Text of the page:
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Scientists found the world's first female 'penises' on cave-dwelling bugs


Cave-dwelling bugs in Brazil, belonging to the rare Neotrogla genus, set themselves apart in more ways than one, National Geographic reported.

Scientists studying the bugs found that the females possess genitalia structurally and functionally similar to a penis, while the males use a vagina-like opening to distribute their sperm. The researchers published their study in the journal Current Biology.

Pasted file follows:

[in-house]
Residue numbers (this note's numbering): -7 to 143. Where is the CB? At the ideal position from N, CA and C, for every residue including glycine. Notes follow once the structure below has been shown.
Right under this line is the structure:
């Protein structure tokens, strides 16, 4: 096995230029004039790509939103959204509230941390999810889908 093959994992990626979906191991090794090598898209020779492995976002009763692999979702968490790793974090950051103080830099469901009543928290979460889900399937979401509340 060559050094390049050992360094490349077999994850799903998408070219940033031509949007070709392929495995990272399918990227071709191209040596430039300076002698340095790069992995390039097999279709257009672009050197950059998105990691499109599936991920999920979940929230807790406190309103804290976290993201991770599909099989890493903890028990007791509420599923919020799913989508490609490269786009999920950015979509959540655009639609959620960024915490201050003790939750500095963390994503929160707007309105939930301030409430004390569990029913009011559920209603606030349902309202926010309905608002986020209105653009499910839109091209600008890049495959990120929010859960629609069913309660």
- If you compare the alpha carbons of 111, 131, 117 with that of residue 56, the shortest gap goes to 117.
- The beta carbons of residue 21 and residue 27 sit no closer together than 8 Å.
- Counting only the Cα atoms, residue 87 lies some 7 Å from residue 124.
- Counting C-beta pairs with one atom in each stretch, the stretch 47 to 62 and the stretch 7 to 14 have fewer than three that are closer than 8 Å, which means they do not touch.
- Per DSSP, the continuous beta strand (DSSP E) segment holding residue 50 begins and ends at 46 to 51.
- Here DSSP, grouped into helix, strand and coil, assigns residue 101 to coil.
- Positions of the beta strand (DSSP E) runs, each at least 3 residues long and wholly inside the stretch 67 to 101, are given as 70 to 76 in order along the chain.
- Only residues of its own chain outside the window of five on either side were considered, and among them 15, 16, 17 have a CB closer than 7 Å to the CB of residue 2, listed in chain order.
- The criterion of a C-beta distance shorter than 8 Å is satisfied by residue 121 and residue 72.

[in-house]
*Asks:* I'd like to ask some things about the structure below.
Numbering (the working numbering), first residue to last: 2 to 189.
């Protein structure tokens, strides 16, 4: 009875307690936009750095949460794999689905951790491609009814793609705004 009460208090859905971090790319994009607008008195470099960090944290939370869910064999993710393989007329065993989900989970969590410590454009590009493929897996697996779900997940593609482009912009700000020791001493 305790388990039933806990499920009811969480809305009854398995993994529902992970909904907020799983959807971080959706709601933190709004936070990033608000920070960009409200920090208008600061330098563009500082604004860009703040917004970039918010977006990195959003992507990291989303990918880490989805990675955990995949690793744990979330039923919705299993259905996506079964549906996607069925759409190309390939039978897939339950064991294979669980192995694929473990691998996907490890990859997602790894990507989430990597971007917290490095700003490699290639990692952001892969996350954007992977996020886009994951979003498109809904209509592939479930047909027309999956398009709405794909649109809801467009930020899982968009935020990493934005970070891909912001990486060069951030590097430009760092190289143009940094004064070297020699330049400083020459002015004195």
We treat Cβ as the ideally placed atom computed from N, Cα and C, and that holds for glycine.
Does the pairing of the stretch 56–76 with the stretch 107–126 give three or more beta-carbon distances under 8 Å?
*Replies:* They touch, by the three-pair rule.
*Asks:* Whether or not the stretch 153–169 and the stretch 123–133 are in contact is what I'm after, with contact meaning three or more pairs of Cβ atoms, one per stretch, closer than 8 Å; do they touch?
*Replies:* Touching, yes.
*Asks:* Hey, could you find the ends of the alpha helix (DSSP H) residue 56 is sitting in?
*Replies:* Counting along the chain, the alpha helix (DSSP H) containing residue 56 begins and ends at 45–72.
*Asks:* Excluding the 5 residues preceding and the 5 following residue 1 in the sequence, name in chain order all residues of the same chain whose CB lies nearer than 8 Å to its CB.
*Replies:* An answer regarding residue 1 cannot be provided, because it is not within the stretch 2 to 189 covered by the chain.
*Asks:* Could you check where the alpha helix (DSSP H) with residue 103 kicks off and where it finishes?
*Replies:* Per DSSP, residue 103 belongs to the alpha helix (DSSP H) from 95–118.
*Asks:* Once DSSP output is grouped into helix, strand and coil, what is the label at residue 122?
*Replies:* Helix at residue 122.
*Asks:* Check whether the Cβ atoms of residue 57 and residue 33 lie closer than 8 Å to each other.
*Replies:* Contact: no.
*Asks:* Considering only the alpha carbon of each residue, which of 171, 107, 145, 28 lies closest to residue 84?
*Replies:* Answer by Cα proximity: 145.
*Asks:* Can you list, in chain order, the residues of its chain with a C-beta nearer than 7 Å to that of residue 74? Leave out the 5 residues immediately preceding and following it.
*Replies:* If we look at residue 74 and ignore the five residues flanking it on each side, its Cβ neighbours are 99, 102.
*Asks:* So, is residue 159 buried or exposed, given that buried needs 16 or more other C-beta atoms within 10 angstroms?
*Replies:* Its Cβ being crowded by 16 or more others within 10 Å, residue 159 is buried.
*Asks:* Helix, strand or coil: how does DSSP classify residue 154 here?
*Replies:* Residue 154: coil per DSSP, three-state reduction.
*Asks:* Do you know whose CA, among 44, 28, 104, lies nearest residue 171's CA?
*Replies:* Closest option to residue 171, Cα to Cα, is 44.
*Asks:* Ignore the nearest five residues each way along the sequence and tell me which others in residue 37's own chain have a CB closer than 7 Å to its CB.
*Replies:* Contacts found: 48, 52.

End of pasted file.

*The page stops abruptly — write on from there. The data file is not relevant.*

"It was a surprise for all of us," Rodrigo Ferreira, the study's co-author, said. "This elaborate female penis is completely unique."

It's also quite fit.

Researchers looking at the copulating insects found the couples mated for an average of 50 hours, with one pairing hitting the 73-hour mark. The scientists said the findings could be used to test different hypotheses about sexual selection and the evolution of genitalia.